[BM] Aye, because of course it's dig for victory is the slogan at Newton's aye ahin. Ye ken?

[TM] So your brother would have gotten these songs from ?

[BM] Well I suppose he woulda relied mebbe on ma sister's book an a ye see, for some o them ye ken.

[TM] The same songs.

[BM] Oh aye, aye, it's, there's some strangers like. Hums to self. Aye, there's some up to date kinda eens like.

[TM] Is that a Jimmy Rogers one, 'Jealous Heart'

[BM] I couldna tell ye.

[TM] Red River Valley, there's a number of Irish ones.

[BM] Aye.

[TM] Lili Marlene. Bonnie Strathyre. Remember that one?

[BM] Mm hm.

[TM] Oh well, if you feel like singing any of these I'd love to hear them.
Kilmarnock Bunnett.

[BM] Aye.

[TM] The Fair Maid of Kenmore would have been one of the older ones.

[BM] Aye, uh huh, and Sail Away Strathardle, and eh, eh, Bonnie Strathyre mebbe would be aul songs aye

[TM] And Bonnie Strathyre maybe. Before the gramophone records.

[BM] Aye, mm hm.

[TM] You know the tune to Strathardo.

[BM] Fits the wordin o it for a start.

[TM] In a far foreign land

[BM] In a far foreign land I am ???? and dreamin o the days…. O but I'd hae tae, I dinna mind it a that well. I'll hae a go at it.

In a far foreign land I am ???? and dreamin o the days o lang syne
O a wee ??? hoose in the hielans, a chield hame that wis mine
In fancy I still see the ???, the heather and hills o the glen
The kind wee auld folks and their canty auld ways,
o I wish I could see them again

For it's o to be back in Strathardle, the hameland is dearest tae me
My hairt it aye sighs for Strathardle, and will till the day that I die
Foor lang, lang years I've been roamin, on oceans and lands ower the sea
But they shrine in my hairt is Strathardle, Strathardle and bonnie Glenshee

I can still see ma faither and mither, my brithers and sisters and freens
It seems but yester e'en since we gaithered aroon the fireside in the e'en
The joys and laughter that circled are scattered sey wide through the Glen
The auld kirk, the auld school, the dance and the green
The lassies and lads side by side.

O to be back in Strathardle, the hameland that's dearest tae me
My hairt it aye sighs for Strathardle, and will till the day that I die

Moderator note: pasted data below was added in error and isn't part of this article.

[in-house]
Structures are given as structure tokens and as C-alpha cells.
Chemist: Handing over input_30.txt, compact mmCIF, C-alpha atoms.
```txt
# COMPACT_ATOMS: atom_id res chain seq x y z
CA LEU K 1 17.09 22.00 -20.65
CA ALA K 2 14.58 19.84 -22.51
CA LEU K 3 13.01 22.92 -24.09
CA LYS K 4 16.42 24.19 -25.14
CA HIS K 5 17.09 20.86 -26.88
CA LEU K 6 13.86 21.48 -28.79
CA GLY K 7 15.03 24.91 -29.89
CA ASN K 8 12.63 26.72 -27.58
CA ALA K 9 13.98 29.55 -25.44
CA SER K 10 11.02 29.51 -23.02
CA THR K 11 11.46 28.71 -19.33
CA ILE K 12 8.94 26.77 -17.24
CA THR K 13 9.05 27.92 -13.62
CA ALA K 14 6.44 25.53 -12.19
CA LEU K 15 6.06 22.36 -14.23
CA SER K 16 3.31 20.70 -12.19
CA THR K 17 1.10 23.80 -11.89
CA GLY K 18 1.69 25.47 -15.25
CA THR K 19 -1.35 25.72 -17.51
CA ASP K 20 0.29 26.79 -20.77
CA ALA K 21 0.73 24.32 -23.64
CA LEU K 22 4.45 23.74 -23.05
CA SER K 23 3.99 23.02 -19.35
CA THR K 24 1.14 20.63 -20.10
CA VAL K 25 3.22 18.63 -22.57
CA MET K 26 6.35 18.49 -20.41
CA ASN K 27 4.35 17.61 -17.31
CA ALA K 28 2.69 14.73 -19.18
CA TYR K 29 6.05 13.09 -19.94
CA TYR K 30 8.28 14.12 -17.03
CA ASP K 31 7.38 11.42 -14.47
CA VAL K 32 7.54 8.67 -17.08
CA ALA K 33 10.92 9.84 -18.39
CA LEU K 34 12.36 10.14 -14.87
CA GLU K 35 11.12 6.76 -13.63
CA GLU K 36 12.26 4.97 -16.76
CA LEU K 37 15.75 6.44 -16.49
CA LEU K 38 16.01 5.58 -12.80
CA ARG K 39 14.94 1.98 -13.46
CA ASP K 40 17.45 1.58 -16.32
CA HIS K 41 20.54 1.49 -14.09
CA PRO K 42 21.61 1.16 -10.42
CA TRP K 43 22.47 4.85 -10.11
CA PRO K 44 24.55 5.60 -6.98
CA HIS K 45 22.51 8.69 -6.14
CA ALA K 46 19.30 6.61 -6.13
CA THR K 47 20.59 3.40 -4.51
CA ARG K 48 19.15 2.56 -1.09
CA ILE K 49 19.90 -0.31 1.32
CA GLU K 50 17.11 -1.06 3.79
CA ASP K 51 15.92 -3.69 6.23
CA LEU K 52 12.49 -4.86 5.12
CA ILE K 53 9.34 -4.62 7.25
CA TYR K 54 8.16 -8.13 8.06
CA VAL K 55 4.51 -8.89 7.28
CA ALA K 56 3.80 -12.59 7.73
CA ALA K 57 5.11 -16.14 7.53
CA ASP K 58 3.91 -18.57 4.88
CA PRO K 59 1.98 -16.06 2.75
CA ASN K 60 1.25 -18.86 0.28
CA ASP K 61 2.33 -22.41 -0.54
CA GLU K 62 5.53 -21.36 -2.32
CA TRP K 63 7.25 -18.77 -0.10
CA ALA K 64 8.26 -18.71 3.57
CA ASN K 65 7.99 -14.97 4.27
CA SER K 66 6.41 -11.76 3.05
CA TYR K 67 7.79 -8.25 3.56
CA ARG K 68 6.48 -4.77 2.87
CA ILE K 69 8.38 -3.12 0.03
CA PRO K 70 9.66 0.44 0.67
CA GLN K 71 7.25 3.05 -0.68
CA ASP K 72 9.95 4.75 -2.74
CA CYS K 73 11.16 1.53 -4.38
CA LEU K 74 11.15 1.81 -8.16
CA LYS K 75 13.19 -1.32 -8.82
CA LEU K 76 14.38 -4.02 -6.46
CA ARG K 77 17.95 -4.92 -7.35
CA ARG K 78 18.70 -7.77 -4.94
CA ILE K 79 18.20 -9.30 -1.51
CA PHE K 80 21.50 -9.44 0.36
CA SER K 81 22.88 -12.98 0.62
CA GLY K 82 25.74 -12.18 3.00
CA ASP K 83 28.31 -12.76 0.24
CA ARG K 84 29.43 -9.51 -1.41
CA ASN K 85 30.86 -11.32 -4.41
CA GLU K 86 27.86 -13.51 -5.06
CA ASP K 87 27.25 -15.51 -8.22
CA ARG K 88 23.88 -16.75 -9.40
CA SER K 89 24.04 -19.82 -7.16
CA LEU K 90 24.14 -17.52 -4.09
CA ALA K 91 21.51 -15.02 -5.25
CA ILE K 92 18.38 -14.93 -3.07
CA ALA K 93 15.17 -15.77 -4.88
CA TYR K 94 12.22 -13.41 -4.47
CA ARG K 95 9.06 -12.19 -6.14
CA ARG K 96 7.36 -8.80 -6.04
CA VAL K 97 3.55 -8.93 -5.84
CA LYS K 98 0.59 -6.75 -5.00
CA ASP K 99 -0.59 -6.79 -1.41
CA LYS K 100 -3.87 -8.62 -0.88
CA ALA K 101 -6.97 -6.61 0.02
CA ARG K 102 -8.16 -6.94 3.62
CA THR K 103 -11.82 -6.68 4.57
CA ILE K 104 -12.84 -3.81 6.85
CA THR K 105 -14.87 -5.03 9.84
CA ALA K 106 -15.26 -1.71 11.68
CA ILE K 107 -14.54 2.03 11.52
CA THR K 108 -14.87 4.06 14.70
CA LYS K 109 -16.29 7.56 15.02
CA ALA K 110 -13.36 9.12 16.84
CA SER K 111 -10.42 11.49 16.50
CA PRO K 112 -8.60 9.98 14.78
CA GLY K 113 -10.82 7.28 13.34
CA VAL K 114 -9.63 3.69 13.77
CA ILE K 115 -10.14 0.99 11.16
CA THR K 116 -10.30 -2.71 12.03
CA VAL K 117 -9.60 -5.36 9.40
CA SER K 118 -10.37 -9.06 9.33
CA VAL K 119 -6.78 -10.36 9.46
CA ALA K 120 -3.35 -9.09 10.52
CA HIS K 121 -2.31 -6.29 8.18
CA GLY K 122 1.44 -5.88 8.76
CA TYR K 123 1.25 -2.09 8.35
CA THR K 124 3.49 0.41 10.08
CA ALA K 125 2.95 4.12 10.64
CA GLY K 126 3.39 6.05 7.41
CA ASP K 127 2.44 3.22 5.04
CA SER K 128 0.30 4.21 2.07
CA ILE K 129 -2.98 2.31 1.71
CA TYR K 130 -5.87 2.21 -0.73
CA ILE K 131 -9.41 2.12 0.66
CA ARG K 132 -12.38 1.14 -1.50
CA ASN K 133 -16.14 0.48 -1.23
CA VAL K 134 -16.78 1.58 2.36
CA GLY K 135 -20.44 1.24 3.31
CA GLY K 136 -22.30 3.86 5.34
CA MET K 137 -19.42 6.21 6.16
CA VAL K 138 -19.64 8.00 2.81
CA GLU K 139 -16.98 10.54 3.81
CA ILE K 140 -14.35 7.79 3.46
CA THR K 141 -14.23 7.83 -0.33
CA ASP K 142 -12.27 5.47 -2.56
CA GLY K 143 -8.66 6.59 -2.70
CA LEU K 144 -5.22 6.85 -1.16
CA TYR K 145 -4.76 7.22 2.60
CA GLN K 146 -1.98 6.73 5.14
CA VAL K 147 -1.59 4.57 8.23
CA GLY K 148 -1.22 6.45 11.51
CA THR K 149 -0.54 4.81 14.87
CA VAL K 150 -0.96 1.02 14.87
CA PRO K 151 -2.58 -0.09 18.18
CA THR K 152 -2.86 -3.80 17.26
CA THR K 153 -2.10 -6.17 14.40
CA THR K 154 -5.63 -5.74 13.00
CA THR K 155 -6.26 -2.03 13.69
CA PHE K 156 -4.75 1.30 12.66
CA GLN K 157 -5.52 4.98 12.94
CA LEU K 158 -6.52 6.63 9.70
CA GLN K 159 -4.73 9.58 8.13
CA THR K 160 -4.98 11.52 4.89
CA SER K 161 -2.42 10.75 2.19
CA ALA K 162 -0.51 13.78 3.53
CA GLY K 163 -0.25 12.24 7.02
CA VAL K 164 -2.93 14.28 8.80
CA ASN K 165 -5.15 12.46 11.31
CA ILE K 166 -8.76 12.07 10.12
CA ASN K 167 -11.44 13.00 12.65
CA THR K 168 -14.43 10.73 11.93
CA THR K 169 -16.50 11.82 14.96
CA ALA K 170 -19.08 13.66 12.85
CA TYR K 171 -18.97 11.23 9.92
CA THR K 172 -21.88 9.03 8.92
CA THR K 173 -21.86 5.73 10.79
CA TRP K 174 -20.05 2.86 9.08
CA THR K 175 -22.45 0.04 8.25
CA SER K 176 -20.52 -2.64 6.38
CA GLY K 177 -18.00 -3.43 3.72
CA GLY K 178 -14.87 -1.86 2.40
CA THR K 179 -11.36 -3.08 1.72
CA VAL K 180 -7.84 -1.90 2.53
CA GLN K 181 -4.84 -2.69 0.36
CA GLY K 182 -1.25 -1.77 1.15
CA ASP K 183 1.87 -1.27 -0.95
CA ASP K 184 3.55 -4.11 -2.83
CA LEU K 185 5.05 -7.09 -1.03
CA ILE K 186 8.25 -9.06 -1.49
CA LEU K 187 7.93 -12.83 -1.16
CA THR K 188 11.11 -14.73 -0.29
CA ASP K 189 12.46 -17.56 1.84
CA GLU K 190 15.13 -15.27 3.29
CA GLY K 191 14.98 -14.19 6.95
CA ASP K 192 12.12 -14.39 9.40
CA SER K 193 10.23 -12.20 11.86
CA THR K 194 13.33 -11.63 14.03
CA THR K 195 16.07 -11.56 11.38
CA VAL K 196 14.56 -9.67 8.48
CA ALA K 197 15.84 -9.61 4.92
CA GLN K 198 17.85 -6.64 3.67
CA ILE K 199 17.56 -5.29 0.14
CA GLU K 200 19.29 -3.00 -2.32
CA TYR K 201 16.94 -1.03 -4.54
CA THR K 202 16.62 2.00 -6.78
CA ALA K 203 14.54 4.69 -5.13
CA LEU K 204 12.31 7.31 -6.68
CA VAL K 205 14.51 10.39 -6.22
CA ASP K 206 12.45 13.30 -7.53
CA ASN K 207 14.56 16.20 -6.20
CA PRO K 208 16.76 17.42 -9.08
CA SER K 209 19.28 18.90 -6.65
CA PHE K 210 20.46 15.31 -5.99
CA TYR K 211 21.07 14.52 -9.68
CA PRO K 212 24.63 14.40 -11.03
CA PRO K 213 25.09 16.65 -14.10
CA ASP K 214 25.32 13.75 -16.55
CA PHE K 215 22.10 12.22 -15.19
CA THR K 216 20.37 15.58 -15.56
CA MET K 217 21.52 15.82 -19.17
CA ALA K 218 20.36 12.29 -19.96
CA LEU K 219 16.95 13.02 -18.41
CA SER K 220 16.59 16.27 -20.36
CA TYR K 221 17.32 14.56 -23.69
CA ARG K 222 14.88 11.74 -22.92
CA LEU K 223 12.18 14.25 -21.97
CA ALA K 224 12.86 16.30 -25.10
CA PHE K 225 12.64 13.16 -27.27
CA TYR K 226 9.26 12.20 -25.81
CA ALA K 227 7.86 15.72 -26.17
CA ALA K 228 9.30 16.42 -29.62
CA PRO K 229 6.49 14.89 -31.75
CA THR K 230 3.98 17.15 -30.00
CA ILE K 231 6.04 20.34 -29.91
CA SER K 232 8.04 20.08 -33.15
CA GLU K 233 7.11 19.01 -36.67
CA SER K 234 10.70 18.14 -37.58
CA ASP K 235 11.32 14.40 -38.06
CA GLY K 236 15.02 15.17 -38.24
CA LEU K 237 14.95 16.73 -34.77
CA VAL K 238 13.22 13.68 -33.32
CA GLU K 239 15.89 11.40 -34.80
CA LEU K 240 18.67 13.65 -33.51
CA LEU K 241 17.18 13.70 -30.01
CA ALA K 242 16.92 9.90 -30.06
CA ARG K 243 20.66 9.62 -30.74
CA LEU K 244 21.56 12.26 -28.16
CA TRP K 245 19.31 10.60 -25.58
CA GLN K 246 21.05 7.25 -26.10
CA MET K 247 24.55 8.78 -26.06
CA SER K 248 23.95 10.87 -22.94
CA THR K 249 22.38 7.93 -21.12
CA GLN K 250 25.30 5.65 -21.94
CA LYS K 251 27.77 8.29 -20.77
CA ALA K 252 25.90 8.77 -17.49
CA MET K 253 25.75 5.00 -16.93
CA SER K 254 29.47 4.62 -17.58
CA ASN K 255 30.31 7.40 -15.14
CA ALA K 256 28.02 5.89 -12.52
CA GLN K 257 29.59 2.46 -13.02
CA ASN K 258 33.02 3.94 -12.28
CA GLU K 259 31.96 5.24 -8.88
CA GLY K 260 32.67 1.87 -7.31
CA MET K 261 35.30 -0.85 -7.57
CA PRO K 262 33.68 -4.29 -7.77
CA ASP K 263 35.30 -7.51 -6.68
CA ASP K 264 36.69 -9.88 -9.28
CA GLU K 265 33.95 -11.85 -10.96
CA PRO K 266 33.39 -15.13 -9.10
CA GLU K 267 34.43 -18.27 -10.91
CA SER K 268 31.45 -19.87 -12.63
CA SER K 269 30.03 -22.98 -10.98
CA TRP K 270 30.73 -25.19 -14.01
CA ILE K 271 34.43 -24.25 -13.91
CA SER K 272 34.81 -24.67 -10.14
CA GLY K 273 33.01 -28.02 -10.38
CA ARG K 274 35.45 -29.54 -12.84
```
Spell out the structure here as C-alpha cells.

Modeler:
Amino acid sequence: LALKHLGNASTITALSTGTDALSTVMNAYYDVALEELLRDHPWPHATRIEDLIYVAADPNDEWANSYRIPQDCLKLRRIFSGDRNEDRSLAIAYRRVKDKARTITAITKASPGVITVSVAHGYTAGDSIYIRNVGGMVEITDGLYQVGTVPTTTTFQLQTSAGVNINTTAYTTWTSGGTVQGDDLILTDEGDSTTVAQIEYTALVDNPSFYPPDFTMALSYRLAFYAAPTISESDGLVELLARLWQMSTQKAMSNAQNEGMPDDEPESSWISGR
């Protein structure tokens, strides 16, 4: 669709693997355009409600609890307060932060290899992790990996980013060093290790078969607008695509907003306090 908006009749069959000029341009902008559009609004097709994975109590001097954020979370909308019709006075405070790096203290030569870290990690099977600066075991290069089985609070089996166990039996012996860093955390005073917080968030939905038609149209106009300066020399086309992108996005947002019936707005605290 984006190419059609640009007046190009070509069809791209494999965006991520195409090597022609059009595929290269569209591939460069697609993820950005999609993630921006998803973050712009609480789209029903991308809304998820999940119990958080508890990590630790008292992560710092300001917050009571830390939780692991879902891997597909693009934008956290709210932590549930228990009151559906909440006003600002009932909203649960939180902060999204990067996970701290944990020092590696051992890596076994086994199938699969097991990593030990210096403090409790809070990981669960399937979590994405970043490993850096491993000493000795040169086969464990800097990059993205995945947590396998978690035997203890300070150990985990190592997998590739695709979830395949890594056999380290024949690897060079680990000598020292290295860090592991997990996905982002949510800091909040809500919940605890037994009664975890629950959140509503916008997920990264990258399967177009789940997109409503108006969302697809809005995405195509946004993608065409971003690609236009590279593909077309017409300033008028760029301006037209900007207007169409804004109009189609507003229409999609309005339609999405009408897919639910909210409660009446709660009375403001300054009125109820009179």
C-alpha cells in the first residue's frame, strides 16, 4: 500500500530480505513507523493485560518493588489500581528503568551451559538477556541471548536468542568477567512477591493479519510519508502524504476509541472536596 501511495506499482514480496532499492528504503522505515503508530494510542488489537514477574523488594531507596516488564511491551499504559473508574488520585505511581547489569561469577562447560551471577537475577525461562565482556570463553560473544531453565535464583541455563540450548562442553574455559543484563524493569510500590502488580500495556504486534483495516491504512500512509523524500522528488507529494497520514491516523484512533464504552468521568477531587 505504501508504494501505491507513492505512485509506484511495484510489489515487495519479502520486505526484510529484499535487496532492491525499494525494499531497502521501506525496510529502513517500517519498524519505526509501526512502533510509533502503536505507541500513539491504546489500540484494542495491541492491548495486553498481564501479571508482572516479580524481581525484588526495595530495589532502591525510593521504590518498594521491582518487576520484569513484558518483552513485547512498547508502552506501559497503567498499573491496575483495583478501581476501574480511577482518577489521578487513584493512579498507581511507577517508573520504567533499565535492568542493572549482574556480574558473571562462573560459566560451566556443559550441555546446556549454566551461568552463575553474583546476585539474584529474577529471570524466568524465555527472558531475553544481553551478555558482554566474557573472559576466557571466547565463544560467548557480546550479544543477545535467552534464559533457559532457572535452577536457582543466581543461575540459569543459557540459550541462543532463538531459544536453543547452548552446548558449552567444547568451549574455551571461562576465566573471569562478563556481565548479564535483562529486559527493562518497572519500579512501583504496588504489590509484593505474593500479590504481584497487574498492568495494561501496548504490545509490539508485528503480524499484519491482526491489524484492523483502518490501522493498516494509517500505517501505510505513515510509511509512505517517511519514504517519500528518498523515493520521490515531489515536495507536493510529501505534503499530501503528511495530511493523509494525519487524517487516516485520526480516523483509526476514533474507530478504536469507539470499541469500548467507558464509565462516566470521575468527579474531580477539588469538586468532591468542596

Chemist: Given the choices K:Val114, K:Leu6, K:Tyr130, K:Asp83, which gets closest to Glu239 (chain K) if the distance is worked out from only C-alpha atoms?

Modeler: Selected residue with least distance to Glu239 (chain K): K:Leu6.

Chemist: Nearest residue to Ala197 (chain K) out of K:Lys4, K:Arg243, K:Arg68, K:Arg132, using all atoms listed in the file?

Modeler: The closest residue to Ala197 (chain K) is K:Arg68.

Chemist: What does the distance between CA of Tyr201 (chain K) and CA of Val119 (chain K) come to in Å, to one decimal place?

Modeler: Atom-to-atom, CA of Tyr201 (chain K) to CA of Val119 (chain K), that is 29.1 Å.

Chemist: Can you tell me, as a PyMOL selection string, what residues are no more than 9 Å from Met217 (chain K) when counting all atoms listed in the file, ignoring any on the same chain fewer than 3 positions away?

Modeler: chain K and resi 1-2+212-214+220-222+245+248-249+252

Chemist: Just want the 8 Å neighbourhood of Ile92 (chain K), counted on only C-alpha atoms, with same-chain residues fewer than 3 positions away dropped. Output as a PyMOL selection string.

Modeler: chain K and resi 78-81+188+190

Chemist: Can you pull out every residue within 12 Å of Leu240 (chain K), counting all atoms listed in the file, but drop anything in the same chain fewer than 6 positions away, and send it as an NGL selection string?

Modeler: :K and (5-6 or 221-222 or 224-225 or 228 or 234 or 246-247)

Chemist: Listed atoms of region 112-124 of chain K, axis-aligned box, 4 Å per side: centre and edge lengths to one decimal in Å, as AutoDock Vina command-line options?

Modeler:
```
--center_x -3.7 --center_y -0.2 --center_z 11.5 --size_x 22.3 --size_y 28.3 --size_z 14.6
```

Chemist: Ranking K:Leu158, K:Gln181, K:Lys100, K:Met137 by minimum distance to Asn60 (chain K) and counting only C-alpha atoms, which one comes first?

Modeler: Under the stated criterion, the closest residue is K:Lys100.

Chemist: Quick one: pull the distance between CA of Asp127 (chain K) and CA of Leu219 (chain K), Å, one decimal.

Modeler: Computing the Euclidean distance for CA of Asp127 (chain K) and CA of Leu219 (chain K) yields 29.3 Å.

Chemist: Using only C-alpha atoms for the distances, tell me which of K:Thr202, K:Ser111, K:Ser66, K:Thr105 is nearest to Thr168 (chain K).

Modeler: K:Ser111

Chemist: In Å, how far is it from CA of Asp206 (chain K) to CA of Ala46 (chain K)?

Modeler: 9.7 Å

Foo lang a the years I've been roamin, on oceans and lands ower the sea
But the shrine in my hairt is Strathardle, Strathardle and bonnie Glenshee.

[BM] At's at een.

[TM] Quite a range of songs, all kinds.

[BM] Mm hmm.

[JMcK] Is it safe to come in

[TM] It is safe to come in

[TM] Did you have a range of any kind

[BM] Just an open fire, an open fire, and then fit we ca'd the bink, the high bittie at the side o the fire, which the big pot stood on one side, sorta in ower the edge o the, and then a big huge kettle sat on the ither een.

[TM] Did you have a ?

[BM] Yes, we had two ??? aye.

[TM] Where would they get the peat.

[BM] At wis jist at top o wir, on the top side o wir arable ground. It wis a moss ye see.

[JMcK] It was good peats.

[TM] How would you cut it

[BM] Well,

[TM] One of those special spades.

[BM] Aye, there's various, there's two methods a daein it like. Ye can cut it either doon the wey, or ye can cut it fae, fae the front ye ken. Whit we ca breastin. Oors wis a daen wi breastin like, jist wi a peat spad, spad wi a lug up one side it ye ken, cut yer

[TM] So it cuts the two sides of it at once.

[BM] No, ye jist had one side.

[TM] No, but I mean it cuts the bottom and the sides when you take out the piece.

[BM] Cuts the bottom and up the side aye, yes. We took aff the first turf, it's taen aff and laid doon for ye tae stand on again ye see.

[TM] And then you just, cut down the whole way, a couple of layers.

[BM] Well, we wis fortunate we could, we aye pieced doon tae the heart ye ken, everything was aff like, it wis right doon tae the flint and fit ever ye'd got in there. And ye jist went alang taken aff this bank and then ye cut anither sod and come down. At the finish o the war, there wisnae enough coal and things like at, so the coal merchants were needin peats, so we at at time, we wis handlin aboot 15,000 barras o peats.

[JMcK] A lot of work.

[TM] How big is a barrowful

[BM] Well, it's supposed tae be a dizen, supposed tae be twelve peats, well the loon, there wis a loon, well I needna say at because my father, maist places the loon ran barras and men filled ??? ye ken. My father aye thocht that if ye wis big enough tae run a barra, ye wis big enough tae cast yersel and nae hae a man body takkin advantage o ye, ye ken. So we didnae, I didnae hae much barra'in, because by that time we wis that busy at we got intae sledges, for the horse, and ye took aboot three barra faes on a sledge ye see with a horse. So things altered when ye get intae big business. Laughs.

[TM] How big were the peats themselves.

[BM] Oh well, when they come oot, I mean ye'd be spikkin aboot

[TM] Six inch square?

[BM] Four, five inch, say five by six and aboot …

[JMcK] Just over a foot.

[TM] ??

[BM] Aye.

[TM] And they'd be wet and heavy

[BM] Oh aye, they'd come doon tae aboot half that like fan they were dried oot.

[TM] How did you dry them?

[JMcK] The sun believe it or not

[BM] Aye, the sun and the wind.

[TM] In the Scottish summer.

[TM] So would you just stack them up in little piles or?

[BM] Aye, well when ye wis barra'in them oot for a start ye sort a tipped them oot in ra's, jist lang ra's, and they sat like at for a day or twa until they sorta firmed, so that they could be handled, and then ye spread them oot a roon aboot and they lay like that for a day or two until they hardened mair, and then ye pit them up in fit we ca'd rickles ken, ye set them up on their end and rickle them on top o that.